How to Hire Sales People Under Pressure

(or How to Hire a Dud Salesperson)

PressureOne of the most common mistakes made in hiring salespeople is hiring under pressure.

I wish I could give you some tricks to improve the odds of hiring successfully under pressure. The fact is that, short of using lucky fairy dust, the odds of making a successful sales hire under pressure is less than 1 in 5.

  To understand why hiring top sales performers takes time, compare hiring under pressure to trying to make quota on the last day of the month.

There you are on the last day of the month, one big sale away from making goal and collecting your bonus. But anyone with an ounce of experience in sales knows the odds of succeeding are not good. Yes, it’s possible. (And we sales types are optimistic by nature.) But the odds are low of making quota on the last day of the month.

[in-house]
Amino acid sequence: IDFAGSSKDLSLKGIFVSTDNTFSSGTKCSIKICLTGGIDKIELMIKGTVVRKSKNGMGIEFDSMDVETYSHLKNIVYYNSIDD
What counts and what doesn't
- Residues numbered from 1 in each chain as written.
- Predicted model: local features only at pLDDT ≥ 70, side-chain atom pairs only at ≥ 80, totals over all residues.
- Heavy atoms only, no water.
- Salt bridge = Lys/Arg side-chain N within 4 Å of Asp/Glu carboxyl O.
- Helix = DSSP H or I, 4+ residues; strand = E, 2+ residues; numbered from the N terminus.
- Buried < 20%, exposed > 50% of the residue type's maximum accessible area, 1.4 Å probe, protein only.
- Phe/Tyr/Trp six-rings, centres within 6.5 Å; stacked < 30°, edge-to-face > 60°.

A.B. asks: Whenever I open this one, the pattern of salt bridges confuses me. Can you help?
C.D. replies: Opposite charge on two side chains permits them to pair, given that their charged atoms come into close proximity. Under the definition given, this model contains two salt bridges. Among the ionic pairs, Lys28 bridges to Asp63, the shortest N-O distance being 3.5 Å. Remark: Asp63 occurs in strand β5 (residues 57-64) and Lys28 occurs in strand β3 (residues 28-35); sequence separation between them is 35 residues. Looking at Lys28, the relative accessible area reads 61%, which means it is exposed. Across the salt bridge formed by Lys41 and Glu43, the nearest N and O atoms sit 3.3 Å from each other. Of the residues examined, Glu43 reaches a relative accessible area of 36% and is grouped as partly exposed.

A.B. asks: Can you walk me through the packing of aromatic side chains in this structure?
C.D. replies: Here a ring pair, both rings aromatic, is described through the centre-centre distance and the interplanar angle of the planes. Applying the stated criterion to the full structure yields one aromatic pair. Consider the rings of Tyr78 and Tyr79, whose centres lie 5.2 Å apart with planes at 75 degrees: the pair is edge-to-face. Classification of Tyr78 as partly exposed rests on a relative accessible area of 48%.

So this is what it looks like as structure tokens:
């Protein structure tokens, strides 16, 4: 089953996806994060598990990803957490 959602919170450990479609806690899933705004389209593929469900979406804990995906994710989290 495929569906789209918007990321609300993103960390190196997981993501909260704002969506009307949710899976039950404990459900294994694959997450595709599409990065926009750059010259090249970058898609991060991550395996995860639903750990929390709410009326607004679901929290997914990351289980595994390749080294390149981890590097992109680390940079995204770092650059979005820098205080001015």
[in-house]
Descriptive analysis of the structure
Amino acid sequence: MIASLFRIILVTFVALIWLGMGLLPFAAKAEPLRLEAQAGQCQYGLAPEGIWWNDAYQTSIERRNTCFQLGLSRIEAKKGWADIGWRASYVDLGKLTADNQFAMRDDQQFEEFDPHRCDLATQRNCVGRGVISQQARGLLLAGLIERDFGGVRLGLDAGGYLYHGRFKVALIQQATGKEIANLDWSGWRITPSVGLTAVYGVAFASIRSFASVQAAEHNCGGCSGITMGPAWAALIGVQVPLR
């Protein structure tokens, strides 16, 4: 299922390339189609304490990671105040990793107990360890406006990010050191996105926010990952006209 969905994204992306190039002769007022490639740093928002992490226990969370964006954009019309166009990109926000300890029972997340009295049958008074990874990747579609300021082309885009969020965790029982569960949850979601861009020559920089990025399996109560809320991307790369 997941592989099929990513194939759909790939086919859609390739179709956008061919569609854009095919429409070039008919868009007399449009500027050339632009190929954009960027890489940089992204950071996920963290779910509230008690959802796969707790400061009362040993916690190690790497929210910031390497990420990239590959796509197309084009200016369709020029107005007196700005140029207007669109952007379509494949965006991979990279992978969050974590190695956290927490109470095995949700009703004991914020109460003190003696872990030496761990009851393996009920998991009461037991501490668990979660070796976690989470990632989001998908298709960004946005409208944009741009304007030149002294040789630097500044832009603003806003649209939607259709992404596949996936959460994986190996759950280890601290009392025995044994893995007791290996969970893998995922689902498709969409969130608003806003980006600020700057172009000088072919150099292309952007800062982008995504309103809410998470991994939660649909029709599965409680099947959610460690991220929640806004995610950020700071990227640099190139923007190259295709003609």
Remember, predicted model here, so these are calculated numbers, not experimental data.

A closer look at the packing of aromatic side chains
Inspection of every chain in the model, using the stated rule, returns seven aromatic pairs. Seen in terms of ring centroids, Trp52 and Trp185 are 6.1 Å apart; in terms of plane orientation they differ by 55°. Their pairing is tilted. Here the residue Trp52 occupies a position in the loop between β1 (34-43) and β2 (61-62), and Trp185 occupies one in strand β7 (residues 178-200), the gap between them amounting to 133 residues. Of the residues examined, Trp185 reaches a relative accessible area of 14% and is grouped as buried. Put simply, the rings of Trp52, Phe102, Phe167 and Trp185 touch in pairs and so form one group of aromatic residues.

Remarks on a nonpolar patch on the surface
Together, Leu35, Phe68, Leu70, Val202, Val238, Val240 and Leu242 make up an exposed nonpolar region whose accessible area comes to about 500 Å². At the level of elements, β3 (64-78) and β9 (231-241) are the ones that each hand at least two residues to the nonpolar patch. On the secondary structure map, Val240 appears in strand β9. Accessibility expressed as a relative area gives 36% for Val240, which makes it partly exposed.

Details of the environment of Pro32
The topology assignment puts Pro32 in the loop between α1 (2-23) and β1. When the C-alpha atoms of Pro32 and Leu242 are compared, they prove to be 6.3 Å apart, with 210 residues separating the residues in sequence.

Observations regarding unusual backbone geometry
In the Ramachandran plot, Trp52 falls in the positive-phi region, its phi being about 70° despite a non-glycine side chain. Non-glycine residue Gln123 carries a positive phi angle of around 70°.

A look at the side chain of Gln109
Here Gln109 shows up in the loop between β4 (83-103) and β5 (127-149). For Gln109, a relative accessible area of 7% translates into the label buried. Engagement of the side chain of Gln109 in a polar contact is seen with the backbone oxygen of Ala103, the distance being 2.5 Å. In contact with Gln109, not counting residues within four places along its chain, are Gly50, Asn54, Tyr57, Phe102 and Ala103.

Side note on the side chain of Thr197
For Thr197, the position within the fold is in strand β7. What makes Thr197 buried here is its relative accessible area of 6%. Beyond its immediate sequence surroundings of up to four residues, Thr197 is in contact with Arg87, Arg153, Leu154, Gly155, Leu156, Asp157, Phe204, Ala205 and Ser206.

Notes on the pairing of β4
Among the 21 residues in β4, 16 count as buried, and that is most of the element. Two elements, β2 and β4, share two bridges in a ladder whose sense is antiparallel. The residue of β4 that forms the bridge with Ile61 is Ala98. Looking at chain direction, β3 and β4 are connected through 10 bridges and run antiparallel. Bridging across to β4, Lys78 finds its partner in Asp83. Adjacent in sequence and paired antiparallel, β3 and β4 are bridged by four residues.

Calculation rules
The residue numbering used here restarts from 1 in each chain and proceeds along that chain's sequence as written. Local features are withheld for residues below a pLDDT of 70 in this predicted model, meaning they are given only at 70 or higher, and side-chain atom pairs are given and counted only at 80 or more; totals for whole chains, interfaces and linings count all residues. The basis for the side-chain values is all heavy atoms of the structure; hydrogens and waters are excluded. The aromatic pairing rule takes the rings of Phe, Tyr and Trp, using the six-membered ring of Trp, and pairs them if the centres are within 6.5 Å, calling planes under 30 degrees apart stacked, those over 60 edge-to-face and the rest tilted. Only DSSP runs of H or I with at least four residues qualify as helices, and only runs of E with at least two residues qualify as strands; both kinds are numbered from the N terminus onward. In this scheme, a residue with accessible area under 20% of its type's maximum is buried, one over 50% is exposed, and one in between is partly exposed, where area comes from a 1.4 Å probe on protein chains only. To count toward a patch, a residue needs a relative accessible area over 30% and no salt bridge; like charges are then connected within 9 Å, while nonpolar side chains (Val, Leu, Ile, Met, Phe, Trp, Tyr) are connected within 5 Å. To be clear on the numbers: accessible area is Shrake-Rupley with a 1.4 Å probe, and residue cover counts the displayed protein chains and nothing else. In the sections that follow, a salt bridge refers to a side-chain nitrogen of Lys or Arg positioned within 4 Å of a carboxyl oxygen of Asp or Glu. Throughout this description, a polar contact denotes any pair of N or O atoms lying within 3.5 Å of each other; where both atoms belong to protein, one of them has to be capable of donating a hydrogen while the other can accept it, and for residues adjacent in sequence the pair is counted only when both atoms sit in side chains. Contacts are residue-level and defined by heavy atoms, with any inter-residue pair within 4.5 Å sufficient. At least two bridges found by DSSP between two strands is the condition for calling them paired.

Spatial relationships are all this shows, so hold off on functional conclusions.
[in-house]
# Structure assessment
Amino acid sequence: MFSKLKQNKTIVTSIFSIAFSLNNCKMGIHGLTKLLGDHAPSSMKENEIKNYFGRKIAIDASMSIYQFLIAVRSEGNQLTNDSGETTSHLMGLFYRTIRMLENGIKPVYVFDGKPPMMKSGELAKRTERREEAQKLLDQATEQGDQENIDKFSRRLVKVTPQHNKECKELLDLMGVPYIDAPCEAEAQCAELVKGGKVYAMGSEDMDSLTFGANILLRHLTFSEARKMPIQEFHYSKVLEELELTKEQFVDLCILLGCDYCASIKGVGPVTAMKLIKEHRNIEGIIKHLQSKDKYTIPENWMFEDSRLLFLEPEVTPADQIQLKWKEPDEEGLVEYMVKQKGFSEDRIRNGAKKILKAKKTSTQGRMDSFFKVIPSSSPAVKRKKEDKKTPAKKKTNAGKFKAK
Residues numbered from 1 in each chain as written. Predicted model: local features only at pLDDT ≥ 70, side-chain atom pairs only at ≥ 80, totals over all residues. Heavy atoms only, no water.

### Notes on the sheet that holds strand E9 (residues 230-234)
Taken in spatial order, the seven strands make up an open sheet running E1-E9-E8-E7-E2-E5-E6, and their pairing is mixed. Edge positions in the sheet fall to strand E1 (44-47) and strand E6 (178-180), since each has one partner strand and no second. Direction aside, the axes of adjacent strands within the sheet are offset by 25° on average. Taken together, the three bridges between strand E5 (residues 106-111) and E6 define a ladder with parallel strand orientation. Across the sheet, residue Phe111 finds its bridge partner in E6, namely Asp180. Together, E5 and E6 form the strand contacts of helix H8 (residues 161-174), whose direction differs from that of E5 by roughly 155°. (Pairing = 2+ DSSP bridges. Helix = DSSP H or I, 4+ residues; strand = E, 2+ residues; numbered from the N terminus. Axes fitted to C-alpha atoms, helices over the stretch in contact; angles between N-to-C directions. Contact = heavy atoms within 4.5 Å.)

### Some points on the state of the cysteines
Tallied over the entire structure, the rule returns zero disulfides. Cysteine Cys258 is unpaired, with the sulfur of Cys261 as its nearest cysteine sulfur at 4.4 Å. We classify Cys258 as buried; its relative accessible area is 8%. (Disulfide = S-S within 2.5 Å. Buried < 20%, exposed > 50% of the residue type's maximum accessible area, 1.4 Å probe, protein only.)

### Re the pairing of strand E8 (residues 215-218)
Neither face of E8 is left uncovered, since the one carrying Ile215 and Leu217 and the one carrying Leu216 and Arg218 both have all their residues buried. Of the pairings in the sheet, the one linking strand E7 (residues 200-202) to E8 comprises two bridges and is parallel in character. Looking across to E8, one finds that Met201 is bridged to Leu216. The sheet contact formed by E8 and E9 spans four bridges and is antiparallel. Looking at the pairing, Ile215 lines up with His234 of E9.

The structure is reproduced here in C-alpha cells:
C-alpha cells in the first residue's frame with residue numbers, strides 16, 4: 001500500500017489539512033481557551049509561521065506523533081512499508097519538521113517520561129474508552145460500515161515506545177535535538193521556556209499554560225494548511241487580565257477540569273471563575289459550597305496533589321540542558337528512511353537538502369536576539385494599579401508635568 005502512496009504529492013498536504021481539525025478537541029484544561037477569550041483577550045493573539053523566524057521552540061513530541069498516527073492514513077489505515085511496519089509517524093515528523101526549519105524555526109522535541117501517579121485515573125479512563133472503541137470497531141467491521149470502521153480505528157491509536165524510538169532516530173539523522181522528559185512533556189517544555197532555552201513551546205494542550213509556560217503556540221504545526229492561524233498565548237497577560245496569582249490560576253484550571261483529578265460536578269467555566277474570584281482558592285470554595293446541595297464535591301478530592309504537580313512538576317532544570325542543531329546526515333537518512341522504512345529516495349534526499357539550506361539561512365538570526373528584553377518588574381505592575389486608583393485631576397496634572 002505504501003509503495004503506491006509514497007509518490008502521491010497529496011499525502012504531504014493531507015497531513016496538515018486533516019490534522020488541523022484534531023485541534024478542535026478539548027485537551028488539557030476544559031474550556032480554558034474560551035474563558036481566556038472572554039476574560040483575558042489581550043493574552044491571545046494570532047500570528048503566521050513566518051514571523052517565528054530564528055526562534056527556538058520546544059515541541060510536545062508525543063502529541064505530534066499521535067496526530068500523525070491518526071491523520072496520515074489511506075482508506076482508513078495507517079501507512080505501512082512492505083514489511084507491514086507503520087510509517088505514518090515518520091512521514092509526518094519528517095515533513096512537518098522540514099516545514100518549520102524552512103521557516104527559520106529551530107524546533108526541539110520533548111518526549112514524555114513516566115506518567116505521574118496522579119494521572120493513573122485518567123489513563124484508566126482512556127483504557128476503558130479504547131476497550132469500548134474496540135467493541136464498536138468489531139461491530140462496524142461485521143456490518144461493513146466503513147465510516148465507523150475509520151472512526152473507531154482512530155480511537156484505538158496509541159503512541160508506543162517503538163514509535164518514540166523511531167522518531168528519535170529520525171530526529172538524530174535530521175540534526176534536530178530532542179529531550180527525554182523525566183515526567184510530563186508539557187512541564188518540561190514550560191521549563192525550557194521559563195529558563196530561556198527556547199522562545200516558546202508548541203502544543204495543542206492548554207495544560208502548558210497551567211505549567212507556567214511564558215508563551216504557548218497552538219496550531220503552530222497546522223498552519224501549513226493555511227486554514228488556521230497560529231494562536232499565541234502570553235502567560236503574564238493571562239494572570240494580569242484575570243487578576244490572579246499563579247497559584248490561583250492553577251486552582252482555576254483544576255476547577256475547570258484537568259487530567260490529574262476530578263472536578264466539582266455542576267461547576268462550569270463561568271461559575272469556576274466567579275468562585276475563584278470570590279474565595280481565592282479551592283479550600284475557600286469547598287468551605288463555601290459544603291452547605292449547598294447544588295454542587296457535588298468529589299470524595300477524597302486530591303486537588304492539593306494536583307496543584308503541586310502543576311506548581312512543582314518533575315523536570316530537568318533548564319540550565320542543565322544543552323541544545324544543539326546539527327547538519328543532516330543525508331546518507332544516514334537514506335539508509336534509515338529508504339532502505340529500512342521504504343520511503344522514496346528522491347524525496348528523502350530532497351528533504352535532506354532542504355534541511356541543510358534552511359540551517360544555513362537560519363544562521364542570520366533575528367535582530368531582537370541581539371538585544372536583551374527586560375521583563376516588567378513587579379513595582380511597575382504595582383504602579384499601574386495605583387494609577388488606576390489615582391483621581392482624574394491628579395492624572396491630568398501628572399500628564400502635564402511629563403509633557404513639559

“Having studied the problem for years, I think it comes down to a question of too much pressure.”

Let’s try to imagine the problem with making the big sale on the last day of the month. First of all, you don’t have enough time to really prospect for the most likely buyers. And second, you will unconsciously be applying too much sales pressure. Pressure doesn’t work, but your bonus is at stake so you apply a bit too much urgency.

Same thing with trying to hire under pressure. Our research shows hiring a top performer means you need to filter through 25 applicants. Filtering means more than “I’m only talking to them if they have previous sales experience or not.”

From those 25 applicants, you then need to get down to 3 who you will interview intensively. And by interviewing intensively I mean conducting at least 3 – and preferably 4, well-planned interviews with each of those applicants.

Our research shows that it takes four interviews to really get to know whether the applicant really did all the things they claimed they did.

Hiring well is one the most profitable activities a sales manager does. Our research also shows, unfortunately it is the thing that tends to get left until last. Hence the average sales manager’s rather unspectacular record as a sales hirer.

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